This week, flowers, mementoes and messages were placed at Mandela’s homes and outside the hospital where he is receiving treatment.

His cross-racial, intergenerational and multinational appeal was clear. Black, white, young, old and a few foreign visitors came to wish him well.

If we think about it, Nelson Mandela has been preparing us for his exit for years – he has weaned us well, like a loving parent.

First, there was his decision to serve only a single term.

The jury is out on whether this was because he quite enjoyed the jet set, global-statesman life or whether he wanted to make a point to African leaders who used to hang on to high office for dear life. But he ushered in a period of regular elections and power change in South Africa, and encouraged a continental shift.

The presidencies of both Thabo Mbeki and Zuma have made us a more normal democracy and have ensured the growth of a healthy, open political society with a vital civil society.

If Mandela had stayed for two terms, South Africa might not have developed into a more mature democracy as quickly and might have leaned too heavily on his person.

The excellent Nelson Mandela Foundation has already made clear what the icon wants by way of legacy.

Notwithstanding the statue at Nelson Mandela Square, he does not want a legacy cast in copper, concrete or marble, no monuments or highways, but a living legacy of volunteerism and service.

What better direction can we ask for as a nation?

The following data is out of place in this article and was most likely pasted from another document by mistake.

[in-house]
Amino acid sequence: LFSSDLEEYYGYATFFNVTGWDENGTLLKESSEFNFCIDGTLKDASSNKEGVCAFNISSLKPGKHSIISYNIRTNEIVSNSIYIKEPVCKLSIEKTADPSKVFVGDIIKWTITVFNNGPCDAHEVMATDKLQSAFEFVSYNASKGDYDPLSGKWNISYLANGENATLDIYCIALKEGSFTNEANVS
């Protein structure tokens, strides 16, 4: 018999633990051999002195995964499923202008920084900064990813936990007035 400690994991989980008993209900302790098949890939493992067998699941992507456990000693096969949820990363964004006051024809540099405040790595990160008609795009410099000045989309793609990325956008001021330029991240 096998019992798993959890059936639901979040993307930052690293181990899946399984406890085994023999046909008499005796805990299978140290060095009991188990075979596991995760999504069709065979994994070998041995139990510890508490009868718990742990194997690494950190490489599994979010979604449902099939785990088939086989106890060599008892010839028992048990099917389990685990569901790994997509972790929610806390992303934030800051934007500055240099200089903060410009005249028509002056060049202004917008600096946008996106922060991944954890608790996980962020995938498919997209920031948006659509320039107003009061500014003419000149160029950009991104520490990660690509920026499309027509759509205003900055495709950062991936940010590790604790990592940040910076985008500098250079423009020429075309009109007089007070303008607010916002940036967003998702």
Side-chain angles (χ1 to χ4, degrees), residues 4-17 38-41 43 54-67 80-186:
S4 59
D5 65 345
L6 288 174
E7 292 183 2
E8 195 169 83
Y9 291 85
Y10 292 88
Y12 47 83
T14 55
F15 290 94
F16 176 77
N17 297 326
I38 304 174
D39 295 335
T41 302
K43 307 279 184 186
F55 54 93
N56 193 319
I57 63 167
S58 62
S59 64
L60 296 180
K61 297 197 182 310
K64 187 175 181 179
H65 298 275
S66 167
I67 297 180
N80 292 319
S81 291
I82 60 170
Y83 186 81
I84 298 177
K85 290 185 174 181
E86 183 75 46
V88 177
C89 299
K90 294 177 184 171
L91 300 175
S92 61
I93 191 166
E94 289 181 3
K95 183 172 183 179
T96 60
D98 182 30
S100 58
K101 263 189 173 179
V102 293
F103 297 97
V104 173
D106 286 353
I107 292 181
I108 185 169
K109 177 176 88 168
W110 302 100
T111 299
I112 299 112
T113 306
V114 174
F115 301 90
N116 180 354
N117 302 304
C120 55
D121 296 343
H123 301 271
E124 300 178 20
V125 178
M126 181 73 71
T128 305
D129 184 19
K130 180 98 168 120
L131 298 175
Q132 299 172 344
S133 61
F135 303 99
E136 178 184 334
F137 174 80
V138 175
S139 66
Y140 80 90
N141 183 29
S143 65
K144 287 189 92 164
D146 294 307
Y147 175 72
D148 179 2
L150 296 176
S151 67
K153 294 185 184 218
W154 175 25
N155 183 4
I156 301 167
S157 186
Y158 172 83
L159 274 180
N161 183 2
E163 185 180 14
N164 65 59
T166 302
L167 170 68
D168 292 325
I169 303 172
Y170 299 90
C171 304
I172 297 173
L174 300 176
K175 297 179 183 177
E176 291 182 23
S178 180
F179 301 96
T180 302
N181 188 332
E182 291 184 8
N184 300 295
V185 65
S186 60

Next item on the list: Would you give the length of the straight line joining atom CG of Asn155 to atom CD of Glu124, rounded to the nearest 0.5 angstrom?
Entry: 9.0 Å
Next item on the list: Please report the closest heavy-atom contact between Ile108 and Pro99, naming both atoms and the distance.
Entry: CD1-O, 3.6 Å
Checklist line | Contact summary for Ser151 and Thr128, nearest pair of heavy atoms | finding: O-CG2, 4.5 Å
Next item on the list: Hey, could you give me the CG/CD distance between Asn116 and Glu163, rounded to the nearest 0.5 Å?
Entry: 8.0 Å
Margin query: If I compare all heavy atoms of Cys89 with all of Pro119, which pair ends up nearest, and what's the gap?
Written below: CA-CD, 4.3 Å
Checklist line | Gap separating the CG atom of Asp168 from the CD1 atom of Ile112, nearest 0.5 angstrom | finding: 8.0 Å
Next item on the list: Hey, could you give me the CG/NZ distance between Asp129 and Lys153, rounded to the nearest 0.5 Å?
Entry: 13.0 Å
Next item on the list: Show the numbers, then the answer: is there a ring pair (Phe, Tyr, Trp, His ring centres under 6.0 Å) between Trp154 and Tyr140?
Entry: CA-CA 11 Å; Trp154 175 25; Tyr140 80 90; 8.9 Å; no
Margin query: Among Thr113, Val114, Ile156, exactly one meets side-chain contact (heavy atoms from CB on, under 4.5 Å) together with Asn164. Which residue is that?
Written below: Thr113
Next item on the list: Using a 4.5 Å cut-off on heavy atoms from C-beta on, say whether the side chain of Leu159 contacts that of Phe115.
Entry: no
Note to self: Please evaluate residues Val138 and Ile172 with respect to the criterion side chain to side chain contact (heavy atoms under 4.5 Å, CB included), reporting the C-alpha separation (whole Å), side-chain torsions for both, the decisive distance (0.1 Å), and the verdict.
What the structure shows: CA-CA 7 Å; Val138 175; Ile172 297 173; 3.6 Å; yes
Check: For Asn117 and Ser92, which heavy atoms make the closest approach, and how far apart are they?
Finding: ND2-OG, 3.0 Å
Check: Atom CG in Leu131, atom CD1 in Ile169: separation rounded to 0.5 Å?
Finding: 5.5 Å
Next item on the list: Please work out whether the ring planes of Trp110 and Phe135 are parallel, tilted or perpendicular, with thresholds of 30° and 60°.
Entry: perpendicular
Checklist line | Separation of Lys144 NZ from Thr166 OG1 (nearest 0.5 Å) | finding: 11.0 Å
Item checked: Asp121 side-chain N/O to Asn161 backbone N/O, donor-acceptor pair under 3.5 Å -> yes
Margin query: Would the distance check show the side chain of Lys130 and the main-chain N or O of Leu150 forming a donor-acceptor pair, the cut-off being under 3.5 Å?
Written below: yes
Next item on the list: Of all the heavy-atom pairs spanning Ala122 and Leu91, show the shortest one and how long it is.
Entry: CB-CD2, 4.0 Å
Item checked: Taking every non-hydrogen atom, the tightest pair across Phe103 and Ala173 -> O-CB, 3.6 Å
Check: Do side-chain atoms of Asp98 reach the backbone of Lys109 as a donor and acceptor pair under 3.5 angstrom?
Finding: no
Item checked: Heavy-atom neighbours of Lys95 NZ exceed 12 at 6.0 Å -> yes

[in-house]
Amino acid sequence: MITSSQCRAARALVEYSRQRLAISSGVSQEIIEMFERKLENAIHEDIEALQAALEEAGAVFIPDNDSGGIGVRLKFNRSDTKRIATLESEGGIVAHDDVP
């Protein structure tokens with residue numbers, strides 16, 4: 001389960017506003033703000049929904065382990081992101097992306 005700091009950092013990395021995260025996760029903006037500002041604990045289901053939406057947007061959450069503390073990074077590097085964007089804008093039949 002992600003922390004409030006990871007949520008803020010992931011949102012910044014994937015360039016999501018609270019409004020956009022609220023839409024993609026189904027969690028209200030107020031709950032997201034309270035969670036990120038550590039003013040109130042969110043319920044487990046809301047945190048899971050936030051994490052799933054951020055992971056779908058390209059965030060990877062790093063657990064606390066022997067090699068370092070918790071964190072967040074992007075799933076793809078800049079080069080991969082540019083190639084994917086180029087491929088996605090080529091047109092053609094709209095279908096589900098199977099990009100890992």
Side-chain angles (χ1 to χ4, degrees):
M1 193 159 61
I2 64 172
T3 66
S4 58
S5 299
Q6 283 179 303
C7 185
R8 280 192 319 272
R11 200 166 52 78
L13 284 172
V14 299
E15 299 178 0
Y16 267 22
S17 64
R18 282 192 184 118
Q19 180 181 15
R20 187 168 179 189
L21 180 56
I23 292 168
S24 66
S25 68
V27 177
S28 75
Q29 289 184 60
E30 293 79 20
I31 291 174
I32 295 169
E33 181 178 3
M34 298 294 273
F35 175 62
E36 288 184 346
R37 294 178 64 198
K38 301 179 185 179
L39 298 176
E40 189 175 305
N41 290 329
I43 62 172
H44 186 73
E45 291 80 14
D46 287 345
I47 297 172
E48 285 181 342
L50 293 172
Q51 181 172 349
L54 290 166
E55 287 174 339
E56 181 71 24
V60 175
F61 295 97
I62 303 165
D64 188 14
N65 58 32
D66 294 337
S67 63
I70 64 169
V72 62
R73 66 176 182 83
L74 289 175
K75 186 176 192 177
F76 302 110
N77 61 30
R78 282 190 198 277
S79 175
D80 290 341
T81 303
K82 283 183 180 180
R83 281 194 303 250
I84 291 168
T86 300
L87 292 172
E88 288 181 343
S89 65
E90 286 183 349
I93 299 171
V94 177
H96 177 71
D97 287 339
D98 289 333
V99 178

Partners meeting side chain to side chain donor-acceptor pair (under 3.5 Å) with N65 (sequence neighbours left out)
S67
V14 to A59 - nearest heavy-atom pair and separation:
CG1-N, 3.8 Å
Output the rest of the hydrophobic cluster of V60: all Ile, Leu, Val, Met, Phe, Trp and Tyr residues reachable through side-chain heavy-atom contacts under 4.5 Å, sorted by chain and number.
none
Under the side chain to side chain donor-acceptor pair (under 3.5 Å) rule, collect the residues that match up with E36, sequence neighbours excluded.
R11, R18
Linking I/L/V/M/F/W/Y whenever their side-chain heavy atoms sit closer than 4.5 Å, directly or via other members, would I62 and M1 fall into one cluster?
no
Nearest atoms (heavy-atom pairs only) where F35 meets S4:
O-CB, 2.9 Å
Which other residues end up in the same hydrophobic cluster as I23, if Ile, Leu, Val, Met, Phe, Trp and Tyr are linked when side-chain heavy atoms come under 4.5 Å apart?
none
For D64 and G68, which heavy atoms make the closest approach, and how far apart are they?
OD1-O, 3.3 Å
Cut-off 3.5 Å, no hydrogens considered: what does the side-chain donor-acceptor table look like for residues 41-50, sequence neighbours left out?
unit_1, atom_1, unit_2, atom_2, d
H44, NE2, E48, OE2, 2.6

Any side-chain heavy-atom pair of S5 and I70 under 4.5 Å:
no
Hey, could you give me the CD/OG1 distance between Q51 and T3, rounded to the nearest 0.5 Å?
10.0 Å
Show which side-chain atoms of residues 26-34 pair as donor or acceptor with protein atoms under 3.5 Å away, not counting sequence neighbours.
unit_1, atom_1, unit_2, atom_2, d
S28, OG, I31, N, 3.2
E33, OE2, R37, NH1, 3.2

As we begin the long clamber up his shoulders to work out how we complete the long walk to freedom, Mandela has shown us how.

It is ours to do, to serve, to give and to complete the work of freedom.

Join the conversation!

24.com encourages commentary submitted via MyNews24. Contributions of 200 words or more will be considered for publication.

We reserve editorial discretion to decide what will be published.
Read our comments policy for guidelines on contributions.

24.com publishes all comments posted on articles provided that they adhere to our Comments Policy. Should you wish to report a comment for editorial review, please do so by clicking the 'Report Comment' button to the right of each comment.

Comment on this story
Comments have been closed for this article.

Inside News24


Book flights

Compare, Book, Fly

Traffic Alerts
There are new stories on the homepage. Click here to see them.


Create Profile

Creating your profile will enable you to submit photos and stories to get published on News24.

Please provide a username for your profile page:

This username must be unique, cannot be edited and will be used in the URL to your profile page across the entire 24.com network.


Location Settings

News24 allows you to edit the display of certain components based on a location. If you wish to personalise the page based on your preferences, please select a location for each component and click "Submit" in order for the changes to take affect.

Facebook Sign-In

Hi News addict,

Join the News24 Community to be involved in breaking the news.

Log in with Facebook to comment and personalise news, weather and listings.